The Painted Veil (Vintage International)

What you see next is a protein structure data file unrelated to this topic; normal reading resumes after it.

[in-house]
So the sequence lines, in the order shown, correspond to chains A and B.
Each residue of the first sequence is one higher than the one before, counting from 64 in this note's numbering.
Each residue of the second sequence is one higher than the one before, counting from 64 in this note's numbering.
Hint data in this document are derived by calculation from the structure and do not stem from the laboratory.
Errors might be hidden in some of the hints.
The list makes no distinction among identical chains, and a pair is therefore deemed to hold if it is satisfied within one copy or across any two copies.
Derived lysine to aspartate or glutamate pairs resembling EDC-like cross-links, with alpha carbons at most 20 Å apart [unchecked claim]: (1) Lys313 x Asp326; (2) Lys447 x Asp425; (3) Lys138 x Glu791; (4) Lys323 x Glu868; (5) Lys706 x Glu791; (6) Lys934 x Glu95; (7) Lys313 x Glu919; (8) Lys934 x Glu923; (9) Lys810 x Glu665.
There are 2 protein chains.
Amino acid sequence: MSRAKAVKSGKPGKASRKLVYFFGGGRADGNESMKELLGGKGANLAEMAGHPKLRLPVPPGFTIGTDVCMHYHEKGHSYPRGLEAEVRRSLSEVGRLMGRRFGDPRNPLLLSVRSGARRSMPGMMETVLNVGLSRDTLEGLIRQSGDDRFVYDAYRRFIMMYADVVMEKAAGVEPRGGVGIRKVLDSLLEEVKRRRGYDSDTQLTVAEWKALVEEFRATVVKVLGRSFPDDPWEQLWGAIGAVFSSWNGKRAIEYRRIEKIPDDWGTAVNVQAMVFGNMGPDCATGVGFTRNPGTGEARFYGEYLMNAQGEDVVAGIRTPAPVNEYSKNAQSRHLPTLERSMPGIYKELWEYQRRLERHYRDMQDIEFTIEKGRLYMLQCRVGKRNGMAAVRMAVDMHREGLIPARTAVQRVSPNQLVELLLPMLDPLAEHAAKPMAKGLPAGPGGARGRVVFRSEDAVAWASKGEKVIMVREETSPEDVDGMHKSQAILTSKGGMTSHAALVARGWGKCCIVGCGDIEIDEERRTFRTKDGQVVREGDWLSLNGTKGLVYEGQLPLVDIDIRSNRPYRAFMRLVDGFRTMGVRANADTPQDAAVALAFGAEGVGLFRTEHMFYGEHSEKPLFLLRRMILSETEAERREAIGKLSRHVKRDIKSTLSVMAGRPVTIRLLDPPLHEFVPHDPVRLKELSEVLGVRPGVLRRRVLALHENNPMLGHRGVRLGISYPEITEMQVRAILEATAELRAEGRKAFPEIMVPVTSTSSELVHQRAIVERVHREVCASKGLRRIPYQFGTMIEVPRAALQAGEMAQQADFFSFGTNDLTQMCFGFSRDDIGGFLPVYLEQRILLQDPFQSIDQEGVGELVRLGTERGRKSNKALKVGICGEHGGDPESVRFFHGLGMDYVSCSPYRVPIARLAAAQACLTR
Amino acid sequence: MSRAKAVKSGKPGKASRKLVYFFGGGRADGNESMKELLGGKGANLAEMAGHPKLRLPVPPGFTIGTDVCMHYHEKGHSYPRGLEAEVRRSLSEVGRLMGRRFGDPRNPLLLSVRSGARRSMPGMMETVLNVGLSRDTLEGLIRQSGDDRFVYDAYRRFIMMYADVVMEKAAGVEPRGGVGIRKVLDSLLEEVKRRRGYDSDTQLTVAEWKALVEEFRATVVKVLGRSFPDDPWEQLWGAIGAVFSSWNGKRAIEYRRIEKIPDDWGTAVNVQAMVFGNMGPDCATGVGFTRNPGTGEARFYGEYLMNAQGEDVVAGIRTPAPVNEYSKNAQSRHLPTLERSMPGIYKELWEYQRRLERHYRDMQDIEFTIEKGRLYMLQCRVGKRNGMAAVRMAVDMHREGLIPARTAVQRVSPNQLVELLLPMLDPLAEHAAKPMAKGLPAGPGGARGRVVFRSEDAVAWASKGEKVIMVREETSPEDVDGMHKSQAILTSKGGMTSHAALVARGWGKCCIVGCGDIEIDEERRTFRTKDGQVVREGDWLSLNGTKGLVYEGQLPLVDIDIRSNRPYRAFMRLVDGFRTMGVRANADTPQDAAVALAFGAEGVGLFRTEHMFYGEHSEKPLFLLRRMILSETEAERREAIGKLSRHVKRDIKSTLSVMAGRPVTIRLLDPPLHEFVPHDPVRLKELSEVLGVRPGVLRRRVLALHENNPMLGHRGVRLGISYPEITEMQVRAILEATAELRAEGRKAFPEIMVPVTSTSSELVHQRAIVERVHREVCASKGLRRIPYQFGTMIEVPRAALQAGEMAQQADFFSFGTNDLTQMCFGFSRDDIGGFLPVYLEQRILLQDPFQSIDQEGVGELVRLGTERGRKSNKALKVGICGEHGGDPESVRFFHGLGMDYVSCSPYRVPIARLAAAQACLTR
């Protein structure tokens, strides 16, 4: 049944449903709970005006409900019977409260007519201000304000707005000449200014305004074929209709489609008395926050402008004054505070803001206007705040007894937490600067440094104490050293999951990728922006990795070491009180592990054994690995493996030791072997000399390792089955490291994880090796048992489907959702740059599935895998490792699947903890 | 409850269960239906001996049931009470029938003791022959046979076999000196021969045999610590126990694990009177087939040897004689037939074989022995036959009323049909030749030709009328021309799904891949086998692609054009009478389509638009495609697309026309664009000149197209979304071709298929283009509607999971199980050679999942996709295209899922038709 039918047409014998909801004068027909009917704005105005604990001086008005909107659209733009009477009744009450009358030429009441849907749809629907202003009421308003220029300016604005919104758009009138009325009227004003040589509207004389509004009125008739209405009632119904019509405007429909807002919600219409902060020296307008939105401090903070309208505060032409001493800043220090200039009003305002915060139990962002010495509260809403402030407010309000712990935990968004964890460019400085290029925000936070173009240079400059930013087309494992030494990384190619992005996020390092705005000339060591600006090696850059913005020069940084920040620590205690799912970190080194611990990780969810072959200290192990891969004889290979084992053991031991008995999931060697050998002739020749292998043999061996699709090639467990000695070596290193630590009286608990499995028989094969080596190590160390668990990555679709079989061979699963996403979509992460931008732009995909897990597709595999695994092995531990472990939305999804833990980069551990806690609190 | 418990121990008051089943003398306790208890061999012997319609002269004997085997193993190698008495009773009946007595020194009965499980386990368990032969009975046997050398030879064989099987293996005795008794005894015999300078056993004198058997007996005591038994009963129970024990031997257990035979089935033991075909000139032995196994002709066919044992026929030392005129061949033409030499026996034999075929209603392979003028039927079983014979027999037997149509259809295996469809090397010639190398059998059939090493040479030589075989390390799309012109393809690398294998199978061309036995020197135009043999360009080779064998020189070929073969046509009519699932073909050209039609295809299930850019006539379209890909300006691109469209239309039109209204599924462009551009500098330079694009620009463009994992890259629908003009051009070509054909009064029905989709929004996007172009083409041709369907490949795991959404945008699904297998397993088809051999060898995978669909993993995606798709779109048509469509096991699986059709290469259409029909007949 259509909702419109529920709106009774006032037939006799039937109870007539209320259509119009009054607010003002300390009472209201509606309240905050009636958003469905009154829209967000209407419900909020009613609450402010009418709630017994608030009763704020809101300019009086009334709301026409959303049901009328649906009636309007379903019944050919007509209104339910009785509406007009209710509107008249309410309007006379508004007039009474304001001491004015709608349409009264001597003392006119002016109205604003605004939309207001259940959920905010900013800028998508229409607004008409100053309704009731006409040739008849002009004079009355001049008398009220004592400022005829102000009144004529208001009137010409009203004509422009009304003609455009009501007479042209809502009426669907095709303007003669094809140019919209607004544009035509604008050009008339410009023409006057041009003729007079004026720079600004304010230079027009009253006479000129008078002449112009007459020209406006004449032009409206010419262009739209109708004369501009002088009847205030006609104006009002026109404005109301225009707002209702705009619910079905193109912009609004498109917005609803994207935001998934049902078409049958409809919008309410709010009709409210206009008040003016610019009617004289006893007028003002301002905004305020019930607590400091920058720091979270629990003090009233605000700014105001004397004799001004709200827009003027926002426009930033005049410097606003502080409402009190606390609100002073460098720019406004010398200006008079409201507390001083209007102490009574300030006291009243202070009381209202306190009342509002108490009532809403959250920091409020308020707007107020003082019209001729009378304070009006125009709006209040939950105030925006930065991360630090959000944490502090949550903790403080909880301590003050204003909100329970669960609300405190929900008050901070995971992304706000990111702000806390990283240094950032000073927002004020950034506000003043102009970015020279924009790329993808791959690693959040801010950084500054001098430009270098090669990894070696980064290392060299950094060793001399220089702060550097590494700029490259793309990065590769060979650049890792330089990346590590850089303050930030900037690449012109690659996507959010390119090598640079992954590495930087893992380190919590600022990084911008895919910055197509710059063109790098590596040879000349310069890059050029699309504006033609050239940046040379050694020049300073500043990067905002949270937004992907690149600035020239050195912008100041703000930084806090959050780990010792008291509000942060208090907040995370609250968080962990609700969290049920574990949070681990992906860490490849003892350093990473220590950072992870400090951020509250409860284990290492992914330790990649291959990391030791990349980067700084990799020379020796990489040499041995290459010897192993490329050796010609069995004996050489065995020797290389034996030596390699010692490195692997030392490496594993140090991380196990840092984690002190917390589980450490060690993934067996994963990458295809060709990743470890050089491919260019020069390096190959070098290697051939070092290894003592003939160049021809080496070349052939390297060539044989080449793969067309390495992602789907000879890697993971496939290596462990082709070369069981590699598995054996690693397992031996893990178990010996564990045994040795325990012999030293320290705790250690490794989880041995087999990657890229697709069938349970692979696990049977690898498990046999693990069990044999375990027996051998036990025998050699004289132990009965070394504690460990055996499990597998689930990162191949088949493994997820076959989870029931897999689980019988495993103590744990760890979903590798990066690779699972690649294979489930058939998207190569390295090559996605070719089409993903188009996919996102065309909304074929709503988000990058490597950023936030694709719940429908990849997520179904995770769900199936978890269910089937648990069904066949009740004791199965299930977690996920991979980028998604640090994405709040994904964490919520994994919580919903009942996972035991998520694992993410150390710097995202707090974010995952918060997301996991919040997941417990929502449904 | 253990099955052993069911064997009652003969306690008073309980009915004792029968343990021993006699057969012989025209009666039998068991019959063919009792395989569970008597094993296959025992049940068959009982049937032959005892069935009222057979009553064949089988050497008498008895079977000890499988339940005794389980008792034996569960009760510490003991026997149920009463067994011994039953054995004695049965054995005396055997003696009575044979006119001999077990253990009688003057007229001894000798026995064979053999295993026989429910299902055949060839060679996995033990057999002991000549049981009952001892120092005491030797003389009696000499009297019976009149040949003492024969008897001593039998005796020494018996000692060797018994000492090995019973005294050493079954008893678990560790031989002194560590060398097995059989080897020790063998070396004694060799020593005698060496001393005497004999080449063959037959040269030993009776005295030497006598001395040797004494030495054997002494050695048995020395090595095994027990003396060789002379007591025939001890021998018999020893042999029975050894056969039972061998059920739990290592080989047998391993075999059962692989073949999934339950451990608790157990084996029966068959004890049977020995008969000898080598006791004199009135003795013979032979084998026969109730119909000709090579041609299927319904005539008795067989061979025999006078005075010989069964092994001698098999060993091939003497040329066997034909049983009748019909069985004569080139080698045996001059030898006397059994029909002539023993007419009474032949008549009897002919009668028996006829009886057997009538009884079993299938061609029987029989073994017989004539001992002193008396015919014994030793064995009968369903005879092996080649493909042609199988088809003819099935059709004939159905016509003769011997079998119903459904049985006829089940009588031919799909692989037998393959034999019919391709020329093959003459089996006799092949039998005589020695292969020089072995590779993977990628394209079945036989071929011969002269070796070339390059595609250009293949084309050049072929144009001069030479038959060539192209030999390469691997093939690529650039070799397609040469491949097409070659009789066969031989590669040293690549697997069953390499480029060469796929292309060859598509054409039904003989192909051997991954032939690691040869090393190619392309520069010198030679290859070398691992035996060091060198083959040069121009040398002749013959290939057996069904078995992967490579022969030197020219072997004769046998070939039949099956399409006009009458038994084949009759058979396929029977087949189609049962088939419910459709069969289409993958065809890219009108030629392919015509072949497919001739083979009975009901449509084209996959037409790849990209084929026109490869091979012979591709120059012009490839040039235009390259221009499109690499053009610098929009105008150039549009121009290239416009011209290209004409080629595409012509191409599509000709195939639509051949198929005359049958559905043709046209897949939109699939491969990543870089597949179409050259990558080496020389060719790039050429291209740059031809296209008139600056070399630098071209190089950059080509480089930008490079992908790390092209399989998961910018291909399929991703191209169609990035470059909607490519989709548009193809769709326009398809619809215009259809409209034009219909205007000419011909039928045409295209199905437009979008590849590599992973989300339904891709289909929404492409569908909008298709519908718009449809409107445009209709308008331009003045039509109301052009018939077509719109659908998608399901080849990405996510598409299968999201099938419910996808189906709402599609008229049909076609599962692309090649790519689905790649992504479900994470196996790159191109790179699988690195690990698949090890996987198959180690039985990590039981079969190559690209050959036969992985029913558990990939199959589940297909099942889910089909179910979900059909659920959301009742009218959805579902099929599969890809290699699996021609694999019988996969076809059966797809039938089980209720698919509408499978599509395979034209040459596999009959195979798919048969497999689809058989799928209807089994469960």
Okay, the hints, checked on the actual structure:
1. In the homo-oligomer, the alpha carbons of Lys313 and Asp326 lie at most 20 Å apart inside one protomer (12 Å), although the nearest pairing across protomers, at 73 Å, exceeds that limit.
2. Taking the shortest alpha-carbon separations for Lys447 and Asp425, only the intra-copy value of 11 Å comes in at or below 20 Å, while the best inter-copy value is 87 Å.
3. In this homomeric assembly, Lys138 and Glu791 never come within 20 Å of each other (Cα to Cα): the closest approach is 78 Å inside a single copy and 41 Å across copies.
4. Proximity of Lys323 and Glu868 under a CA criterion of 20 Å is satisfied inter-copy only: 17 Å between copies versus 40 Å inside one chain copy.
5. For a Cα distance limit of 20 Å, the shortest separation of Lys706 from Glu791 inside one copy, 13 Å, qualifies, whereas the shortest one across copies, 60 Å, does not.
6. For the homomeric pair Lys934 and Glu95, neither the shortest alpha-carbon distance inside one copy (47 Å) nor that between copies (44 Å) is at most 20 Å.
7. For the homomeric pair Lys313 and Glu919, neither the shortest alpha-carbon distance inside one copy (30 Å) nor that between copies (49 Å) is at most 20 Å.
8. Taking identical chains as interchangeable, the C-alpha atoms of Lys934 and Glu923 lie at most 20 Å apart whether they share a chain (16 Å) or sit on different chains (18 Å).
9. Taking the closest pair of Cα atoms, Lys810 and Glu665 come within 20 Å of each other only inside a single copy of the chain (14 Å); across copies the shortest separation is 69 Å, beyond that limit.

The Painted Veil - W. Somerset Maugham Short (and Vague) Version: a surprisingly poignant, non-cliched [and non-romantic] tale of forgiveness and friendship.Long Version: I was bored one day, working at a trail museum, when I found this book stuffed underneath the cash register. I decided to give it a few pages, since the synopsis sounded a little too (frankly) boring to delve all the way into. WRONG. Instead I became obsessed, finished the entire book during my eight-hour workday, and spent the remainder of my shift on a good-book high. Here's the background information (none of this is spoiler-y): It's about a woman named Kitty who lives in 1920's London. More interested in parties than in the excruciating process of courtship, she abruptly engages herself to an awkward scientist in hopes of beating out her sister in marrying first. The scientist's name is Walter Fane. Together, these two people have zip chemistry, and Walter knows it. Yet he still loves Kitty and, when they both move for his work after the wedding, he tries to make adjustment to life in Shanghai fun for her. But with him knee-deep in work and her left to be a bored housewife, Kitty attaches herself to a charismatic (and married) man named Charlie Townsend. They have a brief affair, which is what the book opens with, and are caught by Walter. Walter, heartbroken and furious, decides to take up his work's offer to go into the heart of China and help treat a cholera epidemic. Yes, Walter is psychotic with bitterness and Kitty is selfish, but you like them anyway. Kitty hates Walter for punishing her, since he always knew where she stood in their marriage, and Walter hates her for being so self-involved and hurtful. No, this is not a romance. Kitty and Walter are foisted out of their frivolous roaring-twenties living and are forced to deal with large-scale problems (like finding clean drinking water in rural China and conducting disease-controlling burials for the townspeople). In this, they both have to rely on one another and somehow put their own regret aside. The reason I love this book so much is because it avoids the typical and-then-they-realized-they-belonged-together cliche. No, Kitty and Walter do not belong together. But they do find fascinating common ground, even if it is outside of their homeland. They make sacrifices for one another, even though such extremes are not founded in romance, and even create a tentative friendship. I have never seen such an honest portrayal of marriage, which is pretty impressive considering the time it was published (late 1920's). After reading this, I want to read Maugham's other novels. Disclaimer: I must say that I did eventually watch the movie version of this. It has a very different take on the novel, and the film does turn briefly romantic. However, Edward Norton and Naomi Watts are fantastic, and the landscape is gorgeous.